These are the faces of a generation that changed history, their grim expressions of defiance testament to surviving weeks of violent protest that were to result in the overthrow of one of the Middle East's most powerful dictators.
The individuals in these pictures, taken by the award-winning American photographer Kim Badawi, come from all walks of life, from interpreters and students to café workers and the unemployed. And in the breadth of their backgrounds, they symbolise a wider movement challenging decades of authoritarian regimes across the Middle East.
Change, however, comes at a price. Hundreds died and many more were injured during the violent clashes in Cairo's Tahrir (Liberation) Square, which became the centre for a protest that refused to buckle under an onslaught of tear gas, beatings, water cannon and bullets.
The popular demands for an end to President Hosni Mubarak's rule began on Tuesday 25 January – Egypt's Police Day, a national holiday made official by the president in 2009 to recognise the efforts of the police in maintaining a secure state. The protests were prompted by a Facebook group set up in the name of Khaled Said, a 28-year-old Egyptian man beaten to death in Alexandria last year by two undercover policemen.
Events were given momentum by the example set in Tunisia, where widespread demonstrations forced the country's president, Zine al-Abidine Ben Ali, to flee to Saudi Arabia in January. He was ousted after public anger was sparked by the death earlier that month of a 26-year-old who had set himself on fire outside the governor's palace in central Tunisia when his only means of income, a fruit and vegetable stand, was confiscated by the authorities.
The victory of the people in Tunisia inspired the Egyptians to overcome a deep-seated fear of police and security forces. A campaign spread through word of k mouth was accelerated via Facebook and Twitter, galvanising hundreds of thousands into action, and resulting in scenes of chaos. It was at this moment of turmoil that Badawi, a 30-year-old documentary photographer of French-Egyptian descent, arrived on the scene in downtown Cairo. "Shots would be randomly fired, sometimes followed by screaming and waves of frightened masses," he explains. "No one knew who had been shot nor by whom. In the days and nights that followed, the number of demonstrators grew.
"People from all professions, factions and religious backgrounds were gathering in the square day and night, and started to engage in peaceful debate and conversation in public spaces and transport. This was the first sign of change. There was no more guarded speech. And this, in Egyptian society, was unheard of."
Badawi followed various youth activists over the course of the protests; one such, Mood Salem (top row, second from left, page 17), recalls: "Against all odds, we succeeded in gathering hundreds of thousands of people and getting them into Tahrir Square, despite being attacked by anti-riot police using sticks, tear gas and rubber bullets against us. We were being collectively punished for daring to say that we deserve democracy and rights, and to keep it up, they withdrew the police, and then sent them out dressed as civilians to terrorise our neighbourhoods."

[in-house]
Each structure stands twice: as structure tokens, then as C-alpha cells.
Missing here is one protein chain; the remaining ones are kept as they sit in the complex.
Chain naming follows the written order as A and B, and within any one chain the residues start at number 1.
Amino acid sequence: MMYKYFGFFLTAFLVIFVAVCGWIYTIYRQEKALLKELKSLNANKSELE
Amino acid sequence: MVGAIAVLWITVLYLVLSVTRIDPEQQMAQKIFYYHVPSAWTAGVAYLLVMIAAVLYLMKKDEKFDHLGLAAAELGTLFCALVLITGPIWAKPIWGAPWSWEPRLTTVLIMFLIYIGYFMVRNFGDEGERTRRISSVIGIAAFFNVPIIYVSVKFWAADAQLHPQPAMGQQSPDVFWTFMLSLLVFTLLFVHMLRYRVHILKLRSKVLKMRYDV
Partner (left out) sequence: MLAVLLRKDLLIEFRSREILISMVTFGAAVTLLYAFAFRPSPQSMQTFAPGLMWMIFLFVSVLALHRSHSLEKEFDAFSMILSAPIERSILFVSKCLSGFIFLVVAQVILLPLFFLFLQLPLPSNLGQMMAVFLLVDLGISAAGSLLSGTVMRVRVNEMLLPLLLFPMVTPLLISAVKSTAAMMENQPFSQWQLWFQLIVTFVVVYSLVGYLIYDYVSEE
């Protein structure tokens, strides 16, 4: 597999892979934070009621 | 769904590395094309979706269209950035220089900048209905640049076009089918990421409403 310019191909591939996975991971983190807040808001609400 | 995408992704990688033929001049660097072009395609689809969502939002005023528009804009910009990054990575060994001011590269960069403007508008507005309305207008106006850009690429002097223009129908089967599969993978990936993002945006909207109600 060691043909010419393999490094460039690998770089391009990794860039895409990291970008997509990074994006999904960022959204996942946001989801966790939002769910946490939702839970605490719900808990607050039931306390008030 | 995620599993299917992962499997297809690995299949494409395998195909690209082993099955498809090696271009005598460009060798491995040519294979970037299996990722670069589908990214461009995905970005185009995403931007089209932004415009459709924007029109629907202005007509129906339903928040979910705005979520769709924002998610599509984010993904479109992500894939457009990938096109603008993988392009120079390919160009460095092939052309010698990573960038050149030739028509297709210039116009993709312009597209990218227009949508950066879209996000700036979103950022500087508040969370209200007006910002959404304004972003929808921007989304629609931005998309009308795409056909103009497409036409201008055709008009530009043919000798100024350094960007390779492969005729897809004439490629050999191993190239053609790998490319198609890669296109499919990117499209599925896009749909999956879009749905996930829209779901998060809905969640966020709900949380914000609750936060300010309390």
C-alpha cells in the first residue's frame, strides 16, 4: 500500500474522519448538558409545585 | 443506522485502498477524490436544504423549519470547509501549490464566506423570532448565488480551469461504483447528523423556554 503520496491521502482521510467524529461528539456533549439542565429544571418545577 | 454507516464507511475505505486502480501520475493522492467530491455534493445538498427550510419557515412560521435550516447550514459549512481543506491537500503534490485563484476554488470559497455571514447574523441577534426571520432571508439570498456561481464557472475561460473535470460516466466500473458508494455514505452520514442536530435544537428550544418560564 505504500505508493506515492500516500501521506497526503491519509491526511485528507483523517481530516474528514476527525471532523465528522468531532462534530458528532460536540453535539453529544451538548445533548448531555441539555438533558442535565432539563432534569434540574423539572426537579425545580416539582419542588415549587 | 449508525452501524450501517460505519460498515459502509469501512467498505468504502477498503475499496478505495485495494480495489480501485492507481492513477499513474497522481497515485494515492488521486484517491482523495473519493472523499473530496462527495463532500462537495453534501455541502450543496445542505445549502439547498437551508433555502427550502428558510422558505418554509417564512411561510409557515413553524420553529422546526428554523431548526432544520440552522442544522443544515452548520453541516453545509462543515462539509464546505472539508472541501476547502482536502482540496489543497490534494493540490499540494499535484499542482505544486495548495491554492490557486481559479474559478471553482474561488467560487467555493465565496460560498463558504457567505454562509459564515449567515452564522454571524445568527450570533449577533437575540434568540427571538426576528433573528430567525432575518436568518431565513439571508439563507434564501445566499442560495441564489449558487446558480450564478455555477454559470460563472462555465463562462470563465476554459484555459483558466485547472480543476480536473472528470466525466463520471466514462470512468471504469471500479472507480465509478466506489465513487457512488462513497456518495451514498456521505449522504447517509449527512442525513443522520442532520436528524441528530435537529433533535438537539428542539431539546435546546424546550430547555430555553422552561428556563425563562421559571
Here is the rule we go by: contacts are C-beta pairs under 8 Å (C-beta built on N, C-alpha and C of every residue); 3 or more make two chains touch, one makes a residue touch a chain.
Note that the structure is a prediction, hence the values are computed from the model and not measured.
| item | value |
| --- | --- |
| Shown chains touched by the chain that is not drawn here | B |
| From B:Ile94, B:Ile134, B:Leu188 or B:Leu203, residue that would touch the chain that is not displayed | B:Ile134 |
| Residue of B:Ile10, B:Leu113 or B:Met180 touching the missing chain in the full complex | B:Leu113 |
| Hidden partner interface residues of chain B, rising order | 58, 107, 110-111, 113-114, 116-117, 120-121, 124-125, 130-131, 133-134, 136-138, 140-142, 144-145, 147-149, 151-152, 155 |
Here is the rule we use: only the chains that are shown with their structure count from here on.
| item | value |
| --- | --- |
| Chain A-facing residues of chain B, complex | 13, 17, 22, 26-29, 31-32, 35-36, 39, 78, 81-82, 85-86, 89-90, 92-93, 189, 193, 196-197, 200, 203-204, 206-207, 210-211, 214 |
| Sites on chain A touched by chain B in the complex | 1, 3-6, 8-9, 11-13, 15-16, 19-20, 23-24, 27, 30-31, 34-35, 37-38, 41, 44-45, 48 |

In a single day alone, Salem was shot at twice, "one time with a semi-automatic by a dude in a car that we, the people, took joy in pummelling". The protests, he adds, involved "people from all social classes and religious backgrounds... choosing hope instead of fear and braving death on an hourly basis to keep their dream of freedom alive".
It was not just the protesters who were caught up in violence. Badawi himself was lucky to escape with just a beating when a mob of pro-Mubarak protesters turned k on him. "The intensity of the strikes grew until I put my elbows out to put my hands to my head, and then I was down. It was as if I had invited the mob to turn me into a human pinball... people were coming at me from everywhere, hitting me everywhere."
Yet, some time later, he witnessed a moment when the barriers between protesters and police were broken: "A young 'street' boy standing right next to me among the line of protesters, obviously recognising a relative among the riot police, threw himself around the policeman's neck and they embraced. For a second, their faces illuminated as they both turned toward the sky and smiled."
After 18 days of what had become a stand-off between the Egyptian people and the regime that had maintained a stranglehold on democratic protest, their world changed: on 11 February, Mubarak stepped down as president – an event that could yet result in Egypt becoming a democracy.
There is still a long way to go. Tens of thousands returned to Tahrir Square last Friday, calling on the military-led transitional government to scrap the long-standing Emergency Law allowing detentions without trial, and for the resignation of Prime Minister Ahmed Shafiq, a former air force general appointed to the role by Mubarak on 29 January. The demonstrators were met with force, as soldiers and plain-clothes security officers beat them and tore down their tents.
But that will not slow the wave of popular protests taking place throughout the region. In neighbouring Libya – at the time of writing – these have tipped over into near-civil war, with Colonel Muammar Gaddafi on the brink of being defeated by a popular movement united in its hatred of the repressive dictator. Time yet, then, for many more faces like those pictured here to make themselves (and their rights) known.